2/5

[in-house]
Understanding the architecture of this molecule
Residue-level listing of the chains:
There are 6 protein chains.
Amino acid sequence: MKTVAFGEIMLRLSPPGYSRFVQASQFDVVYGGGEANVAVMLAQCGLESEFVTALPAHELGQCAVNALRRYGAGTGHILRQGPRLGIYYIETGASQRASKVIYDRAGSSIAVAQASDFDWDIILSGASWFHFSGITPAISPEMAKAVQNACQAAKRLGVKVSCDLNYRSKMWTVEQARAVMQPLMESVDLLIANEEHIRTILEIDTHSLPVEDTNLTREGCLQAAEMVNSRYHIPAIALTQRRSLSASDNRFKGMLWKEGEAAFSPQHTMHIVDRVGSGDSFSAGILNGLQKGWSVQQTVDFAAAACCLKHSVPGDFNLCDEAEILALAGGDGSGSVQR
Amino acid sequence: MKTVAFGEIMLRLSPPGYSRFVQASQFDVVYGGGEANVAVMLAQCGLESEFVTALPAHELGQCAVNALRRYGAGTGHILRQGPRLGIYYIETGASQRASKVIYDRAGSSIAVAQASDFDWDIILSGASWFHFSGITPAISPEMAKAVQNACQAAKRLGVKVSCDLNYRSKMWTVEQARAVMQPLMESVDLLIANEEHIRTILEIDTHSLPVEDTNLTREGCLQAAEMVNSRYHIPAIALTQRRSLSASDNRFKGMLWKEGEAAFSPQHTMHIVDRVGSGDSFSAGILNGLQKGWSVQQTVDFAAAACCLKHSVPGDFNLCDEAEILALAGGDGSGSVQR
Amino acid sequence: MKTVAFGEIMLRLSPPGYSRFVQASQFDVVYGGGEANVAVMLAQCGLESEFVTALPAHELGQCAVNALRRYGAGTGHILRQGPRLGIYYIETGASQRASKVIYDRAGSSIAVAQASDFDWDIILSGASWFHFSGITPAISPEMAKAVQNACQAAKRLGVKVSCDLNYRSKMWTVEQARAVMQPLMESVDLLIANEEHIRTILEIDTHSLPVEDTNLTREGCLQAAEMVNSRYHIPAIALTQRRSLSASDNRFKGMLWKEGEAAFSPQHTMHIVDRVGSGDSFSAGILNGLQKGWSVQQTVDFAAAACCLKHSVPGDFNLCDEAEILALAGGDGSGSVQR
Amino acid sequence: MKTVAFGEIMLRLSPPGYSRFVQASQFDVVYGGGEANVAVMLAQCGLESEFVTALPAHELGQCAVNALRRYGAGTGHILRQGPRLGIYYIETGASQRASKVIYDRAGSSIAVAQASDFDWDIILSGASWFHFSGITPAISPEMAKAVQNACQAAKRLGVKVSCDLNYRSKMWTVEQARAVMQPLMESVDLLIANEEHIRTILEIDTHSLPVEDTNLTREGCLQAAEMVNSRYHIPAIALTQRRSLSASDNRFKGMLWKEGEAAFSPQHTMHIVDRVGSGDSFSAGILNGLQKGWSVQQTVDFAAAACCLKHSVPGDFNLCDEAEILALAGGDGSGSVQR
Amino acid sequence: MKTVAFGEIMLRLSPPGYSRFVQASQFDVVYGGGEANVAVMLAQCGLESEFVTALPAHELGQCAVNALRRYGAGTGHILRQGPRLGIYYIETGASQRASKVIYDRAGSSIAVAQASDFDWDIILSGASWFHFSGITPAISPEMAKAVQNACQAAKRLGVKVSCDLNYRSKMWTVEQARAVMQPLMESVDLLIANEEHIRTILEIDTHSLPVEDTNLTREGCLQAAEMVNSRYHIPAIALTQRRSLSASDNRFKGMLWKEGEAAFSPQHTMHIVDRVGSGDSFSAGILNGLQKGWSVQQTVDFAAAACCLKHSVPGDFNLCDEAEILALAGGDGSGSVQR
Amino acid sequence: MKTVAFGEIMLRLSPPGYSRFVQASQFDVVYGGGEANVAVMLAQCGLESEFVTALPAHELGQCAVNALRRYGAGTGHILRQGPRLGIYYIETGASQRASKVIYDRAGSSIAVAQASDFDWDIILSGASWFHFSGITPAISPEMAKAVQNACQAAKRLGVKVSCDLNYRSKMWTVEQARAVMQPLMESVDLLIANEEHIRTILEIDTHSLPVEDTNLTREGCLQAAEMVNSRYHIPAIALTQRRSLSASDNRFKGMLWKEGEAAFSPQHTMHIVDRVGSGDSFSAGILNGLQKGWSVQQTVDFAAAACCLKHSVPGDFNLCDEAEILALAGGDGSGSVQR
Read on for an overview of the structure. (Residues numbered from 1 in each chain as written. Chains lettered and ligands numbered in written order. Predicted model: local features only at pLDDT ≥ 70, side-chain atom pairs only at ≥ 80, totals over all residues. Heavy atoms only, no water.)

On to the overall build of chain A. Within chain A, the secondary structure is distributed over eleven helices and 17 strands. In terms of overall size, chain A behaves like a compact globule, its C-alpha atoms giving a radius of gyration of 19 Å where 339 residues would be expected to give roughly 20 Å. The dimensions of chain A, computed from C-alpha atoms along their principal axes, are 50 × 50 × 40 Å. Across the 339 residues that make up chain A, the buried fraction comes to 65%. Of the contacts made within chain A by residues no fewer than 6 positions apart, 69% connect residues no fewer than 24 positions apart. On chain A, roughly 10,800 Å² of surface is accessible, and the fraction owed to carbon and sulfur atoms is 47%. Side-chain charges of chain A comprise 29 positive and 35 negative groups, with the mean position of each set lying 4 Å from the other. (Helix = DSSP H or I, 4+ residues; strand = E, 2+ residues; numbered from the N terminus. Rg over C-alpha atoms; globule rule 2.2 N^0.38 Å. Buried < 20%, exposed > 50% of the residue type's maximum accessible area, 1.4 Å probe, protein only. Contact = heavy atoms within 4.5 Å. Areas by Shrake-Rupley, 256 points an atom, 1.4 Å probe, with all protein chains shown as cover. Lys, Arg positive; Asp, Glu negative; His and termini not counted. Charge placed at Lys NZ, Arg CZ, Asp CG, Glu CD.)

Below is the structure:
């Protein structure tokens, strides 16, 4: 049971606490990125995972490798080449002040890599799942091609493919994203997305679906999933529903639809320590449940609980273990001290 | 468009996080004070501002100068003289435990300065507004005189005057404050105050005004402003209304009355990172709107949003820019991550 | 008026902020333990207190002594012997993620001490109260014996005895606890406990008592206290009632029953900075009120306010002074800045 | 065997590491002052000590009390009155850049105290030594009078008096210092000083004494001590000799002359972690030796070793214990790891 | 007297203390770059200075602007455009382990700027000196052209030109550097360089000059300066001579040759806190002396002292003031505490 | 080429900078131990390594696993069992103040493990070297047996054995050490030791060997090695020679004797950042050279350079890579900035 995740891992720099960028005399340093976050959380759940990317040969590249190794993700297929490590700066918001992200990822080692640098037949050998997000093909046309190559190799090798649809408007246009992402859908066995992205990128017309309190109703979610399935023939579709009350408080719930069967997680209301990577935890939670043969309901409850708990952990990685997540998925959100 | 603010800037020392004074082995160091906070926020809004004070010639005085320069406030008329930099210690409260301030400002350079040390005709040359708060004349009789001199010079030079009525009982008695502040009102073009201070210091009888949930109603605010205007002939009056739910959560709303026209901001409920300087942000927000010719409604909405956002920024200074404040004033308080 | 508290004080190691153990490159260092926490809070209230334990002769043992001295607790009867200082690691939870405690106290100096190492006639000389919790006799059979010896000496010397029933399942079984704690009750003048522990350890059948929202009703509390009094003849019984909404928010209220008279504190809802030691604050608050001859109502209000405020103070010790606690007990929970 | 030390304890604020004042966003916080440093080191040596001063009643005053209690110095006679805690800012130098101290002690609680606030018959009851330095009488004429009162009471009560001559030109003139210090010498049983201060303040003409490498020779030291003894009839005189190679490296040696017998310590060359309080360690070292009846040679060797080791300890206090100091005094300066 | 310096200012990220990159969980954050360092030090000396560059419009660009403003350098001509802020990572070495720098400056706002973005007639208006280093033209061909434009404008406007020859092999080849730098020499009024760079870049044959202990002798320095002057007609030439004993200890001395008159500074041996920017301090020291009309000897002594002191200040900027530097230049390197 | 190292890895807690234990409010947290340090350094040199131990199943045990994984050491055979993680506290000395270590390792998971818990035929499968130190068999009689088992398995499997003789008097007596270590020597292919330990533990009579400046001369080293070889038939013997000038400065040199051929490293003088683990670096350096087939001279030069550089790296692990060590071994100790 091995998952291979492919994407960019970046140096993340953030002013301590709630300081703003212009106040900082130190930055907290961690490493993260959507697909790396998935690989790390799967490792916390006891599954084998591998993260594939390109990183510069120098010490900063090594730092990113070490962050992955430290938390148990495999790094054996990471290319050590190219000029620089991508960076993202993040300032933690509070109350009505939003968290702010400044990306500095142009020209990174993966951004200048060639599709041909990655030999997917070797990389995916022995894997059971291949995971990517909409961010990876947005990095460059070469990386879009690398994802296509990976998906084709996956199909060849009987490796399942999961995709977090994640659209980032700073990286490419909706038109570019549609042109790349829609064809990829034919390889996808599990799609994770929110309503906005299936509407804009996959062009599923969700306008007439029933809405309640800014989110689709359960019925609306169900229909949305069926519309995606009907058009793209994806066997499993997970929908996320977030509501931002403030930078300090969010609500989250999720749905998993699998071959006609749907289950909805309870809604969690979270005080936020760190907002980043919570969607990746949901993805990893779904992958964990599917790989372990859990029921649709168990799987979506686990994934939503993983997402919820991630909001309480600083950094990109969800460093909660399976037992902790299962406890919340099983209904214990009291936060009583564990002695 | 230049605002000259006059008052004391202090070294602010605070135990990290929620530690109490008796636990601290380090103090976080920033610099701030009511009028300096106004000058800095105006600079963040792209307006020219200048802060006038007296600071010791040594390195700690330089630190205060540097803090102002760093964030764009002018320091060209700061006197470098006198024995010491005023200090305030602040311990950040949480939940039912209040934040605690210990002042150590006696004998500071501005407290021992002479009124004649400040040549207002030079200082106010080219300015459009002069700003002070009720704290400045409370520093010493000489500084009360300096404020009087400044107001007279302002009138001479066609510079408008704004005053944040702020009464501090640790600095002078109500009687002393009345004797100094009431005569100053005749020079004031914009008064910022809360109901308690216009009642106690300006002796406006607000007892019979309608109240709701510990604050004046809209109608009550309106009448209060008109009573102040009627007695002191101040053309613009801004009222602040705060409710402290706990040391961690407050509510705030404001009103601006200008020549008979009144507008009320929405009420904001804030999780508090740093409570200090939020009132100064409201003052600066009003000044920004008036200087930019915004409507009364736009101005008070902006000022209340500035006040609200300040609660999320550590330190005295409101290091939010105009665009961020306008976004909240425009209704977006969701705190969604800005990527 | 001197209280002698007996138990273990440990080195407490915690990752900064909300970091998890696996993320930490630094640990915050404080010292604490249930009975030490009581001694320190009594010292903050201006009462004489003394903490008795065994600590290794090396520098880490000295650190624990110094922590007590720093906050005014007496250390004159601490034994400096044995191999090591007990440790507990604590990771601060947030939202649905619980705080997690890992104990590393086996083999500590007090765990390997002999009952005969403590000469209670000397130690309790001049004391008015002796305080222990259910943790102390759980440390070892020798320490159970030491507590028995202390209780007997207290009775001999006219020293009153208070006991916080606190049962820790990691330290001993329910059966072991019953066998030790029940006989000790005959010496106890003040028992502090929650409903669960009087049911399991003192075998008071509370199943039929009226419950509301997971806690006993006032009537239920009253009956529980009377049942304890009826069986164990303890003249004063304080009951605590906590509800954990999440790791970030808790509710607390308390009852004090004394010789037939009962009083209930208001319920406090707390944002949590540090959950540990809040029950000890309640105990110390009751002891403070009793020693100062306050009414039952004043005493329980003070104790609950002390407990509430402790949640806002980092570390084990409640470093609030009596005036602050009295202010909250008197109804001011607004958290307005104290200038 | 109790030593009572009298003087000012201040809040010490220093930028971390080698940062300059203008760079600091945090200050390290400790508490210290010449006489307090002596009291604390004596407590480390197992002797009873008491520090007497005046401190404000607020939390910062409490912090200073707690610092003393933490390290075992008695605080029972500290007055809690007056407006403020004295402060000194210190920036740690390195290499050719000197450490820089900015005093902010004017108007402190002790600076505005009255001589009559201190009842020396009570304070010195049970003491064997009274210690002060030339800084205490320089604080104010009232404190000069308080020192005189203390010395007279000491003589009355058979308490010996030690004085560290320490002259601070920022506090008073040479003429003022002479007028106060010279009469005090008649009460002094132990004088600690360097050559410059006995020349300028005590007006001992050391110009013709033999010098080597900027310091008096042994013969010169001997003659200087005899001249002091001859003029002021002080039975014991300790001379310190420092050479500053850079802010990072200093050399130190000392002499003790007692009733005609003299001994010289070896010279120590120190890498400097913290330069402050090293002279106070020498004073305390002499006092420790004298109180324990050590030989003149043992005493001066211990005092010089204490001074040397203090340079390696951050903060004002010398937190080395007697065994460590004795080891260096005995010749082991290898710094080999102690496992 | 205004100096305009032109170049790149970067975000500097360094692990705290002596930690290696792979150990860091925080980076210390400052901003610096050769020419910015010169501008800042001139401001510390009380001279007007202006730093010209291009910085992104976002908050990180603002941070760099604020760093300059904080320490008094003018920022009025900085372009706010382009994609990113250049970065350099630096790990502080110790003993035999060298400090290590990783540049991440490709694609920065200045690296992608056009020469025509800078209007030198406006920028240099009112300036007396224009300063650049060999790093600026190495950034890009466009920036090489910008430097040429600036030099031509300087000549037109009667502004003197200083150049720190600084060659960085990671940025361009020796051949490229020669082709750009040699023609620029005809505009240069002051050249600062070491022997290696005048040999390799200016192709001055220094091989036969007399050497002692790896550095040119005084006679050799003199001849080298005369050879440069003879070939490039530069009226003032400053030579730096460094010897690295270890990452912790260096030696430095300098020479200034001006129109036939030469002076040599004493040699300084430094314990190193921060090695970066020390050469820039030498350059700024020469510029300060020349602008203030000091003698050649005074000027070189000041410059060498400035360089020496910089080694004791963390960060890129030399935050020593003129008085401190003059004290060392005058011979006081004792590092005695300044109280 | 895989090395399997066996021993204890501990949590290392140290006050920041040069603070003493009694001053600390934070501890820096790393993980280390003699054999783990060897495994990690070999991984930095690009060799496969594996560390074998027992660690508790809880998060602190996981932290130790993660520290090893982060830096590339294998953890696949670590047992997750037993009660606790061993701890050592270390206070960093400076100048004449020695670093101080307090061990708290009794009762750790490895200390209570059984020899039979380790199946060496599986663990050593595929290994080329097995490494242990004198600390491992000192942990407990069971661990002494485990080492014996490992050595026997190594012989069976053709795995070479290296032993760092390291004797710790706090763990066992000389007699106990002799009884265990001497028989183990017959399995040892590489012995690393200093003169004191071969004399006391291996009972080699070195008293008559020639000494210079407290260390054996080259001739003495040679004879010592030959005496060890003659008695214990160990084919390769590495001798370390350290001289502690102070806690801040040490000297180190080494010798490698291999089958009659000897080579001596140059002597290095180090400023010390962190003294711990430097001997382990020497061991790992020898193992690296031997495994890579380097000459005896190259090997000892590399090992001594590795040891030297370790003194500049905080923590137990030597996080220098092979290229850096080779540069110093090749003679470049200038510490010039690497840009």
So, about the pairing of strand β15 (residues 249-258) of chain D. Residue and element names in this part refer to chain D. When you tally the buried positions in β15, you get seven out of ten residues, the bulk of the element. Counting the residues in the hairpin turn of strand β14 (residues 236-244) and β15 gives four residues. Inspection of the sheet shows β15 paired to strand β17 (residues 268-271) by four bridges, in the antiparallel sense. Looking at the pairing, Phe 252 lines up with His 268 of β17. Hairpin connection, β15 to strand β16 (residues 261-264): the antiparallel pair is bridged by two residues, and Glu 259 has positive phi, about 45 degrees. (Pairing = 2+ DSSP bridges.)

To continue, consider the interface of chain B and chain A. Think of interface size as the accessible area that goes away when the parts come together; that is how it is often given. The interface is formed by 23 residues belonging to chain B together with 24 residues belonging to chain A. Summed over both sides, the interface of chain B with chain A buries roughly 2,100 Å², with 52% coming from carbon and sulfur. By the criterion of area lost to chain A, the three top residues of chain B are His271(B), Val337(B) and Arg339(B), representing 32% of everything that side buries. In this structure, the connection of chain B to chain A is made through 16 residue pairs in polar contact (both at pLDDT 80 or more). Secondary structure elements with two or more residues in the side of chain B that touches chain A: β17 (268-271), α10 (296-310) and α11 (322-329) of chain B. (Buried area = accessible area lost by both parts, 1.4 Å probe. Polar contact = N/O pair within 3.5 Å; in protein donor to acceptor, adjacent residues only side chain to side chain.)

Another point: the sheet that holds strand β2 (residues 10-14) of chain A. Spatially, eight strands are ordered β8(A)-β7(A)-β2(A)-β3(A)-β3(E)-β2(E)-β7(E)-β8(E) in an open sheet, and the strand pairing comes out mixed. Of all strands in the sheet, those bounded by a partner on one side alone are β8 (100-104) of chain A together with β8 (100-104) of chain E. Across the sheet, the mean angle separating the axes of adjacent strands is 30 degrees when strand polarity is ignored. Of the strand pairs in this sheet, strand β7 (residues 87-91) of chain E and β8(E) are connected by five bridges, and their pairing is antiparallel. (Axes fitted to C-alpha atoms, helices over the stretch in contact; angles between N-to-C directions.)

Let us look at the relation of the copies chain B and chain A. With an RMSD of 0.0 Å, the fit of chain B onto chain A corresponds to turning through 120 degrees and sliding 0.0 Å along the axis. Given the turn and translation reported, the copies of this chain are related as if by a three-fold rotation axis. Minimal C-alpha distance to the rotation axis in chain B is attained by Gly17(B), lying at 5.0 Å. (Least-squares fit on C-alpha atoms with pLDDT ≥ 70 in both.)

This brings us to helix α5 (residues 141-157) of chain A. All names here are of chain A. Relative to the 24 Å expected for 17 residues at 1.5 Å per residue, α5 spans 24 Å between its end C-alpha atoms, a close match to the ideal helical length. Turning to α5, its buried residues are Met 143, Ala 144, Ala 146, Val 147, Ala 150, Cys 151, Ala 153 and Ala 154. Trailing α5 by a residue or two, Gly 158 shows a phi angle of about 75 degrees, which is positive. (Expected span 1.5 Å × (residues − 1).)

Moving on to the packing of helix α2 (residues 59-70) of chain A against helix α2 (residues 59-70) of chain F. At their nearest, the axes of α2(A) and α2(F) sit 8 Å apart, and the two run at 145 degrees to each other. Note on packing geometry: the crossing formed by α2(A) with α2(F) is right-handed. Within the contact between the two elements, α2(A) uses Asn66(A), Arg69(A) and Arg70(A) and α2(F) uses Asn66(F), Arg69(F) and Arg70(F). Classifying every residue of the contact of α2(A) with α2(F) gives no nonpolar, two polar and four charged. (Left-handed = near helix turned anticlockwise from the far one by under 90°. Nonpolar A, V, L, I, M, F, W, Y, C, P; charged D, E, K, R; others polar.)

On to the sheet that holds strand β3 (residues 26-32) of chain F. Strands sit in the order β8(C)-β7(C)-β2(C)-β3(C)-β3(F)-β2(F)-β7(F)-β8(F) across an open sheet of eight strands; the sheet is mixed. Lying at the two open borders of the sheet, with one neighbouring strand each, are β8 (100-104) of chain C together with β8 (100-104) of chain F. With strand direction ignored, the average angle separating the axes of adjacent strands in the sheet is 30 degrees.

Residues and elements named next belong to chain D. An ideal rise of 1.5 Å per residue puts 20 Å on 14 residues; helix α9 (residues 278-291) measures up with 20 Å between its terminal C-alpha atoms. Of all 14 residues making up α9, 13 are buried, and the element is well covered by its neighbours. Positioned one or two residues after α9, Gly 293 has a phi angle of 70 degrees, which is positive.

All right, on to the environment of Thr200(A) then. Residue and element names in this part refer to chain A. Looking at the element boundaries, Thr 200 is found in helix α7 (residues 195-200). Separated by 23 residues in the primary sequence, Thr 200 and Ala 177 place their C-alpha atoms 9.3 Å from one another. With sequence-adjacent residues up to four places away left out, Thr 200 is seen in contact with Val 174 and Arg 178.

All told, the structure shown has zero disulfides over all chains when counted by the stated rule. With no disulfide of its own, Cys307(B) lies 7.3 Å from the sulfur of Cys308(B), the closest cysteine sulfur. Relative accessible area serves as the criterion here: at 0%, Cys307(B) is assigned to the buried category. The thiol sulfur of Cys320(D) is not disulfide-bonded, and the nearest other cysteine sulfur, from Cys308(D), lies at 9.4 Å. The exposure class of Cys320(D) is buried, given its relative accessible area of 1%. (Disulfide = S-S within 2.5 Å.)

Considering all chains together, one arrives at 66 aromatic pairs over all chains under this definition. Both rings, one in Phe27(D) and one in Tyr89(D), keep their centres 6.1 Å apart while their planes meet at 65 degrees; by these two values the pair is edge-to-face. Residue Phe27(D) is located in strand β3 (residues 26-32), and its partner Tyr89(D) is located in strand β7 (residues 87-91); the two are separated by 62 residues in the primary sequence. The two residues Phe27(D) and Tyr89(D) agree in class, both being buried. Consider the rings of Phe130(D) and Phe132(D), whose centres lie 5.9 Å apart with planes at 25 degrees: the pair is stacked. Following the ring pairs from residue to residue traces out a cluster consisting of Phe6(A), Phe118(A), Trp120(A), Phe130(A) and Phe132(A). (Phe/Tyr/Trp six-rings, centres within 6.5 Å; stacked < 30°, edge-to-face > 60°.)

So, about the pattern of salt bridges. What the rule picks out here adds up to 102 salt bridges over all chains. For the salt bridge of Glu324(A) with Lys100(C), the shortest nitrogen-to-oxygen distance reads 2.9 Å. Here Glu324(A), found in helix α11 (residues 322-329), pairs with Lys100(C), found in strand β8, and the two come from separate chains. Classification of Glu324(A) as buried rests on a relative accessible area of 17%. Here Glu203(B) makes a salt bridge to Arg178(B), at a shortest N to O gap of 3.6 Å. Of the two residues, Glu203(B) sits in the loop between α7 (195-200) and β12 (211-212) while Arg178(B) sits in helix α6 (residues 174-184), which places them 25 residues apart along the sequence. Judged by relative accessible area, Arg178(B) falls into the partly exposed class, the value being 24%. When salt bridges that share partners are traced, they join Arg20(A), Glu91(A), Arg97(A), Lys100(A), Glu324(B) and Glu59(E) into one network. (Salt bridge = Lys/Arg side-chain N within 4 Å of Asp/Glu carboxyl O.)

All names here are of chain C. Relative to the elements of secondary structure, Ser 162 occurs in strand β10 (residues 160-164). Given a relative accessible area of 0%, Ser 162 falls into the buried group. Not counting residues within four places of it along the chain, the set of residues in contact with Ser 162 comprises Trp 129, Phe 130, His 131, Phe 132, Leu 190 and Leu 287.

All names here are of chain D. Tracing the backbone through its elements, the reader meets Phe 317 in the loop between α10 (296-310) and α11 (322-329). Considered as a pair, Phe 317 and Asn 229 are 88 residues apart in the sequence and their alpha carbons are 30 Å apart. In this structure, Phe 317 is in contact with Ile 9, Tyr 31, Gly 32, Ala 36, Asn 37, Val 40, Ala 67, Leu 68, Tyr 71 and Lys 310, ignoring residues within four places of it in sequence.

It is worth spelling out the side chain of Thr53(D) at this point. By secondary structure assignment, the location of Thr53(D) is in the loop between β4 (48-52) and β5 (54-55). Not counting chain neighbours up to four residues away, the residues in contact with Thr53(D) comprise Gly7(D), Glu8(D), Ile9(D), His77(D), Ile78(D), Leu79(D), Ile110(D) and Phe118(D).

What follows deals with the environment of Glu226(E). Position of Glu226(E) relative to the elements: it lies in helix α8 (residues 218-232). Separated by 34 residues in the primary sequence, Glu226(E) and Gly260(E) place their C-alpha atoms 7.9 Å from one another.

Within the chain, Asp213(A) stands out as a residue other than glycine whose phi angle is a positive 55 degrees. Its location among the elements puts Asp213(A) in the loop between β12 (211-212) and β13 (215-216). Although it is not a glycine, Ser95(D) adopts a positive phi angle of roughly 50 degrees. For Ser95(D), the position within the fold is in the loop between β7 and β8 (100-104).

I liked it, I didn't like it, I liked it I didn't like it IlikeditIdidn'tlikeit...I'm torn.On the one hand, The Iron King can be a really fun read, and I think a lot of people are going to fall in love with it because it's going to give them what they wanted going in: a little faery lore, a little magic, a little otherworldliness and a little lovelust. If you can just read it on that level, it's not bad, a bit of fun fluff.But at the same time, there are some real drawbacks for me. So here's what I'm going to do: the following is a bulleted list of my pros and cons in the book, and you can decide for yourself whether it's a good or bad review. As I said, I can't decide how much I like this one.PROSKagawa is pretty successful visually. There was enough description to help me see the Nevernever, but it was never really overkill.I really liked the idea of the iron fey. I don't want to give away too much, but it makes sense, it makes faeries current, and it adds another layer of BigBad to the already scary and dangerous fey world.I think Kagawa gave herself room to grow in the series, and even though there are things you can see coming a mile away, she was able to wrap this book up fairly nicely while planting a hook for the next. I have friends who hate a hook, so let me be clear that it is not a cliffhanger type of hook; if you want to stop after The Iron King, you can and I don't think you'll feel like you didn't get a complete story, but if you want to continue on, there is something there to pull you back in.The Pack Rats. I thoroughly enjoyed the Pack Rats, and elements like this made me see this as a potential movie, because I think they'd be pretty neat and visual.CONSThe beginning was very slow for me, and thoroughly predictable (truthfully, predictability is a problem throughout, though at some point, I guess I just accepted it). The writing and plot seemed a little write-by-numbers, and other works (Shakespeare, Alice in Wonderland, The Labyrinth, Peter Pan, Spiderman, etc) were alluded to or mirrored throughout, and it left me with an impression of unoriginality for a good portion of the book. I felt Kagawa was rash with the love aspect; in the beginning Ash is aloof and, as we learn, wounded and closed off, and had there been a slow build up over the entire 3-book series, beginning with a grudging trust and some crushing, then some lovelust, I would have bought it more, but as is, it felt again like write-by-numbers: "I need a love interest, so this is going to happen, then she'll do this and he'll say that, and presto, aren't they just devoted?" It didn't work. Also, there's a whole lot of Puck v. Ash love triangle going around the blogosphere, and I just don't get it. I feel it's hinted at but not developed or even necessary in the book, and it's become so gimmicky anyway...Weird continuity errors. This got on my nerves a bit. It was just stupid things, like Ash saying Meghan's name, then a couple of pages of stuff happening, and then Ash saying her name again and Meghan getting all fluttery that it's the first time Ash has ever called her Meghan -- when it's not. The first time was about five minutes ago, when he said "Meghan, blahblahblah"... Or, when Meghan is leaning propped against Ash's chest, so there's no way she can see his eyes, and he's telling his sob story (which someone noticed was like a scene from The King's General) and Meghan narrates "Ash fell silent, his eyes dark and haunted." Except you can't see them, so you don't know that. Grr.Oy, with the deals already! Anyone who is familar with faery lore at all, or has read any fey book knows no saying "thank you" and NO making deals. Even if Meghan was lacking in faery lore before entering the Nevernever, she is told not to say thanks or make deals, and still, it's like practically every single badguy faery she meets, she walks up and plays Lets Make a Deal. She's smart about it once, but the rest of the time, she basically offers herself up on a platter. She'll be thinking, "I hope they don't want my firstborn child," or something along those lines, but she'll say "I'll do anything." What? Think, Meghan. Stop getting yourself into situations where you become the dumb damsel in distress and just THINK.And speaking of the damsel thing, we're told that Meghan has loads and loads of untapped power, which I am always leery of (but more on that in a minute), but she gets herself into these situations and then stands there waiting to be saved. If you're so powerful, or will be so powerful, show some damn spunk.[A sidenote on all-powerful protagonists: Just don't. If you're writing a book, just don't. Have the gumption to have an MC who isn't some deep font of powerpowerpower. It's too tempting a crutch to write your characters into an impossible situation and then have them finally "discover" the confidence and ability they've been shying away from using, and BAM, sticky situation solved. Just don't. Think how much more interesting it is, how much more tension there is, and edge-of-your-seatness, when the MC has some ability, some brains, and some pluck, and have to really work to get themselves through. It is so much more rootforable, so much more believable, and so much more relatable. I know it makes your job as a writer a little harder if you can't go all Deus Ex... but really, just don't.]So. That's the list. As I said, if you can go into it willing to set some things aside and just enjoy it, it flows well and is a nice bit of funfluff. But I'm still torn, and am hoping for growth in book 2, which I have a review copy of, so that the Pro list will begin to outweigh the Con. But I guess only time will tell.